A more proactive approach to helping small businesses is the main focus a strategic economic development plan the city of Sandy Springs is creating.

More than 80% of the city’s businesses employ fewer than 10 people, Economic Development Director Andrea Worthy said during a City Council work session on Oct. 20.

The top takeaway in RKG Consulting’s report is a bigger emphasis on small business that leads the city to be more proactive.

Full implementation of the consultant’s recommendation requires a doubling of current resources, which is in line with other programs in the region, Worthy said.

She said the city’s Economic Development department — which consists of two staff members — needs to be more proactive. But to do that, it needs more staff, specifically to reach out to small businesses.

Councilmember Jody Reichel the important thing is to hire someone to be the point person between the city and local businesses.

At Councilmember Tibby DeJulio’s questioning, Worthy said current priorities are creating jobs, capital investment and interacting with companies that contact the department. Most of what Worthy and Caroline Davis, the other member of the department, do is reactive by answering calls and referring companies to resources offered by other agencies.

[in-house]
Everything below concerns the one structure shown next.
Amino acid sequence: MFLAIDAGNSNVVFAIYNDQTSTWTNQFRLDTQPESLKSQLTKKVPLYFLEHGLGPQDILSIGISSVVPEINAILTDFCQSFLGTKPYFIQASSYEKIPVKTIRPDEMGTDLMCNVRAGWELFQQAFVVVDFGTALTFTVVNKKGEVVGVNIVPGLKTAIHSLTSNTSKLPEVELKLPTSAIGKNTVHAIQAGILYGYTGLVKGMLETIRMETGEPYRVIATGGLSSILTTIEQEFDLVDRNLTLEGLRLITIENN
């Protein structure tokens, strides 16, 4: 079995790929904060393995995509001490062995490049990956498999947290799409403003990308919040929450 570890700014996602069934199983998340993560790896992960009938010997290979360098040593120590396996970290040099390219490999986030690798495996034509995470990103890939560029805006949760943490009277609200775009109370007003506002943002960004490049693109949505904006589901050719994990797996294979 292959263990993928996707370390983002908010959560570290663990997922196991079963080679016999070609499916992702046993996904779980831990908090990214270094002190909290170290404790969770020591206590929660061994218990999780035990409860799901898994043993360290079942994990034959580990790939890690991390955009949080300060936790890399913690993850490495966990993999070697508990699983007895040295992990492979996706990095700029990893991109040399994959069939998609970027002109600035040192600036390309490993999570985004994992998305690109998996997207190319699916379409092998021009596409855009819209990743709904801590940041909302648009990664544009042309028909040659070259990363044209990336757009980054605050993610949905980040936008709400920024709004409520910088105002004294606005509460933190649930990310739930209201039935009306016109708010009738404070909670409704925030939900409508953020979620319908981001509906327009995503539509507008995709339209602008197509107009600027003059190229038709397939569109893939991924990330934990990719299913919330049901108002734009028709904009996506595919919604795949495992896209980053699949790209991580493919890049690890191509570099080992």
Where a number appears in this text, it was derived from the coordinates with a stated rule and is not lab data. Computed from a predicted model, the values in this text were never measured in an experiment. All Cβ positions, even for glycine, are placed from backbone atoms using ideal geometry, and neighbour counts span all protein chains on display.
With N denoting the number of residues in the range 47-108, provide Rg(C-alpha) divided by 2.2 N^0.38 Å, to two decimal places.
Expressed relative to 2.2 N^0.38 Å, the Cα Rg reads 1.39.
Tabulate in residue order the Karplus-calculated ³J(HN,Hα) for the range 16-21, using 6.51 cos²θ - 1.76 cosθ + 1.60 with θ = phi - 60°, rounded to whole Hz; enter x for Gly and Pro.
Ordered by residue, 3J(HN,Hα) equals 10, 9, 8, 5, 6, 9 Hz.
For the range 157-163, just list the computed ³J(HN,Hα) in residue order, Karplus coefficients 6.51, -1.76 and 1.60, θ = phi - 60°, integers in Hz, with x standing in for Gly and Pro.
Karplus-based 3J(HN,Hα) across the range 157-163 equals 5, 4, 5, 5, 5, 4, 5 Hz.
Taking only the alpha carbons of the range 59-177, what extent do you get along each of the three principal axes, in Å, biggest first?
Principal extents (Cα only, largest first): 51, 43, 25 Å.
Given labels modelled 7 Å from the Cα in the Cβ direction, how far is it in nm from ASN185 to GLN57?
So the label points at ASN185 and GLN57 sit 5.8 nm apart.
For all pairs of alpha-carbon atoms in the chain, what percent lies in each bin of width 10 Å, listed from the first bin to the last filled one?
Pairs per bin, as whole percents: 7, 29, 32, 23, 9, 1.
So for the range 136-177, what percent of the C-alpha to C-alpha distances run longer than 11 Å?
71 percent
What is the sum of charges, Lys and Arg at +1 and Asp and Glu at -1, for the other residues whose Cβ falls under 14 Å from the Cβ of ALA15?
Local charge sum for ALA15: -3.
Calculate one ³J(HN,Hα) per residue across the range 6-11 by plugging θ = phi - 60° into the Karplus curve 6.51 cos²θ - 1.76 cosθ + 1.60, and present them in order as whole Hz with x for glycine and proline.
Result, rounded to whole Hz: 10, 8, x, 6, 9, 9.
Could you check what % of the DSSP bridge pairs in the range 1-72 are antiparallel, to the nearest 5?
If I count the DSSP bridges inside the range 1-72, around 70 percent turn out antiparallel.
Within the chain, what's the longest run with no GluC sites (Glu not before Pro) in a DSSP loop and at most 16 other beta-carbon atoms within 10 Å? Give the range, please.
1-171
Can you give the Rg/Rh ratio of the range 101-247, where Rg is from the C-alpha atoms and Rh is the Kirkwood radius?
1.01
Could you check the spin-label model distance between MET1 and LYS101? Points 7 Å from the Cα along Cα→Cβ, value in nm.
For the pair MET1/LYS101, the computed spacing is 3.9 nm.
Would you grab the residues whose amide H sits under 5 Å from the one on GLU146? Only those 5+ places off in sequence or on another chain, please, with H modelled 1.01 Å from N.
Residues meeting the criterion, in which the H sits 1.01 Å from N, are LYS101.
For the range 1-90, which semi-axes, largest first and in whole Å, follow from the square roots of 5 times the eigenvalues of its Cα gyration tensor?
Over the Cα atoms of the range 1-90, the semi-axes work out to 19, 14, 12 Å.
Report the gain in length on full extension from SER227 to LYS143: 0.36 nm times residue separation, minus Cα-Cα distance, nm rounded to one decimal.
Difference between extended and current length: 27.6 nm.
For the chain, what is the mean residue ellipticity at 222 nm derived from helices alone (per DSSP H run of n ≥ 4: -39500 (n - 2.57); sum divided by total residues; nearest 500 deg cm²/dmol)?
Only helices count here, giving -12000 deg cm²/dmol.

The RKG report suggests prioritizing retention and expansion of the city’s small businesses. City efforts should focus on keeping those companies and helping them grow, the report said.

Especially with the pandemic, the demand for office space has reduced, with live-work experiences taking a bigger priority.

Worthy said a request for a staff position focused on small business will likely be brought to City Council at one of the next budget cycles.

“A small business liaison is my number one priority,” she said.

The prioritized implementation goals suggested included:

  •       Create opportunities for entrepreneurs and small business owners to start and grow businesses in Sandy Springs.
  •       Proactively engage existing companies to strengthen business retention and expansion.
  •       Increase community awareness of the city’s economic opportunities and challenges to ensure informed decision-making.
  •       Support regional efforts to attract new companies to Sandy Springs that offer better-than-average wage rates.
  •       Centralize and broaden the city’s data collection efforts to better inform economic development actions and policies.

·        Continue to build the city’s implementation partner network and collaborative efforts.

Bob Pepalis covers Sandy Springs for Rough Draft Atlanta and Reporter Newspapers.